Day 3: Lamar - Pine Grove

I had breakfast with Judith and friends and emphasized that I really needed about 45 minutes of sleep now - it had been an exhilarating ride, but a rough night. I certainly set the alarm, and for no good reason (oh that psychological subconsciousness!) missed to request a wake-up call. And of course, I slept through the alarm ...
Not to panic: Now that I got used to arriving just before control closure, I could manage. I had 93 miles to Mt. Union and about eight hours left to arrive there. The first 16 miles to Loganton were uphill and into a headwind, but I felt good and rode hard. And from then on I had mostly a slight tailwind and advanced well - except for some more climbs sprinkled into the route. I was still in denial when Steve (I believe) stopped for a well-meant interview and admonition, and continued strongly, making up my mind that I would now ride through to the finish, even "hors delay." But slowly, it sank in that there was no way for me to make the Mt. Union control closure; that the organizer didn't want to let me dangle out in the distance, and that I didn't want to be the last one on the road either, for the sake of the volunteers who would have to wait for me or worry about me. And so, when I saw the next sweep vehicle (with Eric) on the roadside, about an hour later, I knew what it meant for me. I was utterly impressed with how well the whole "shuttling forward" fleet was organized, and very grateful for the friendly and supportive attitude of the volunteers who were all making big sacrifices with a smile. Eric handed me off to Maile who handed me off to Janice for the last segment to Pine Grove: a big "Thank You!" from the bottom of my heart to all of them. In the end, spending the time with them traveling, talking about everything, became just another part of a "Fabulous Adventure."

Day 4: Pine Grove - Quakertown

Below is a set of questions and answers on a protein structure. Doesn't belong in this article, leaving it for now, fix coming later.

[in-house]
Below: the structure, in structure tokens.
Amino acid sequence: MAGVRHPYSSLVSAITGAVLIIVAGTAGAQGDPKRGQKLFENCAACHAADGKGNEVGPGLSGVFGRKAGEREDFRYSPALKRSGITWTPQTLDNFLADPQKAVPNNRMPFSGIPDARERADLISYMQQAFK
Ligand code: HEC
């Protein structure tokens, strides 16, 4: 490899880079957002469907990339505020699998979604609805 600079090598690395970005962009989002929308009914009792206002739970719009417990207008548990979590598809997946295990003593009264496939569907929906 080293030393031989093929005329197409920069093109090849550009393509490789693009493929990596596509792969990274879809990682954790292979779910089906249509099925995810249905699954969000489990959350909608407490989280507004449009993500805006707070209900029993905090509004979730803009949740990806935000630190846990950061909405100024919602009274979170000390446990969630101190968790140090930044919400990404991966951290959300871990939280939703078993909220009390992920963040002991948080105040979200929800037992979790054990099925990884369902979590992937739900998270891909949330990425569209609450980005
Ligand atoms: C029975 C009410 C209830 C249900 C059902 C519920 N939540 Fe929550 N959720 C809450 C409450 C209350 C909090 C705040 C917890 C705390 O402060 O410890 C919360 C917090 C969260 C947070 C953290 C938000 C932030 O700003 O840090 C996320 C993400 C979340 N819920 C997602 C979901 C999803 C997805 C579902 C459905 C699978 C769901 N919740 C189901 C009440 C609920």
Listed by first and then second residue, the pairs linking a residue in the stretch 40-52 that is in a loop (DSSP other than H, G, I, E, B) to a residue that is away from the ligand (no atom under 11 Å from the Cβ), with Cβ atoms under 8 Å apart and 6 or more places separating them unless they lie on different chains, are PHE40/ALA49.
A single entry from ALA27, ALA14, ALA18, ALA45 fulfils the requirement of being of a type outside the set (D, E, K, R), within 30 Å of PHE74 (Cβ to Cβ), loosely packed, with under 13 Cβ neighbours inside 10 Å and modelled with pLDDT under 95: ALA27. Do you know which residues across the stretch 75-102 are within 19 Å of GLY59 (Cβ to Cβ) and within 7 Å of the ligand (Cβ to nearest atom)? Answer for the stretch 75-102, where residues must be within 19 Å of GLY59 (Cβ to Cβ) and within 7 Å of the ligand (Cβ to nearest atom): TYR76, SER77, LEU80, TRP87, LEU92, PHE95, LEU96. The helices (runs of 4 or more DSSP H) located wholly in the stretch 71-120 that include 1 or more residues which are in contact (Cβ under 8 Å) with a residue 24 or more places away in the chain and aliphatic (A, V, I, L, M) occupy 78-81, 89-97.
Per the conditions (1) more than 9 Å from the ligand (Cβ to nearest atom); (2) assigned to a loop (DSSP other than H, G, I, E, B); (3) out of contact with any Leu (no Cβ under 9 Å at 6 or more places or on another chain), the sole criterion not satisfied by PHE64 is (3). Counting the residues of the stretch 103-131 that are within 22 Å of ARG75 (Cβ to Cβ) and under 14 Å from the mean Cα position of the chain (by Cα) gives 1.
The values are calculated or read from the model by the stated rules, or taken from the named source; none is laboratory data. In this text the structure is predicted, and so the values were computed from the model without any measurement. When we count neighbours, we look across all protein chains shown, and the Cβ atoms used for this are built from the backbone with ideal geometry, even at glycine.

I had a nice dinner in company of volunteers of the Pine Grove control, slept really well for nearly nine hours, and enjoyed a delicious Hampton Inn breakfast, before making myself ready for the last leg, about 120 comparatively mellow miles through the Pennsylvania Dutch area. There was a thick fog outside for the first two or three hours, but the weather forecast was favorable, and I was looking forward to a rewarding ride into the finish. It ended up being even more pleasurable than anticipated.

On the half-way control in New Holland, Rob Welsh caught up with me: he had left Pine Grove an hour after me and was obviously too fast for me to ride with him. He would finish second - in 86:15 hours. By the way, the first finisher needed 83:24 hours - on other 1200's, the first finishers arrive in well under 60 hours! And only 22 out of 48 starters would complete the whole distance within the time limit. Half of the 26 "DNF"s stopped even before me, and only a handful had the ... (call it what you want) to still ride the last 120 miles into the finish.

The most memorable moment came when I approached a village where several dozens of Amish buggies left the parking lot after their Saturday service and, following each other, returned home to their farms. The heavy-footed horses trotted along with a loud and uneven clap-clap-clap, while the wheels with their finger-thin rims on the buggies seemed to fall off imminently. On the slightly rolling terrain, I passed them on the downhills, but they passed me on the uphills where the horses kept their trot while I had to shift down and breathe even harder than the horses: we raced each other, much to the delight of the children in the buggies.

During the second half, I felt some more twinging in the legs (oh those Manhattan shin splints) and also developped a hint of tendonitis in the Achilles tendon - more evidence that even my 600 mile portion (not quite 1000 km) of this ride was hard enough. I never had similar problems on my previous 1200s.

My son had made a weekend excursion to Quakertown, together with his wife, my wife and our grandson, to be present at my arrival and to bring me back to New York on Sunday. I predicted my finish time for 6:30 p.m. and arranged for arriving within the minute. And look how happy I was!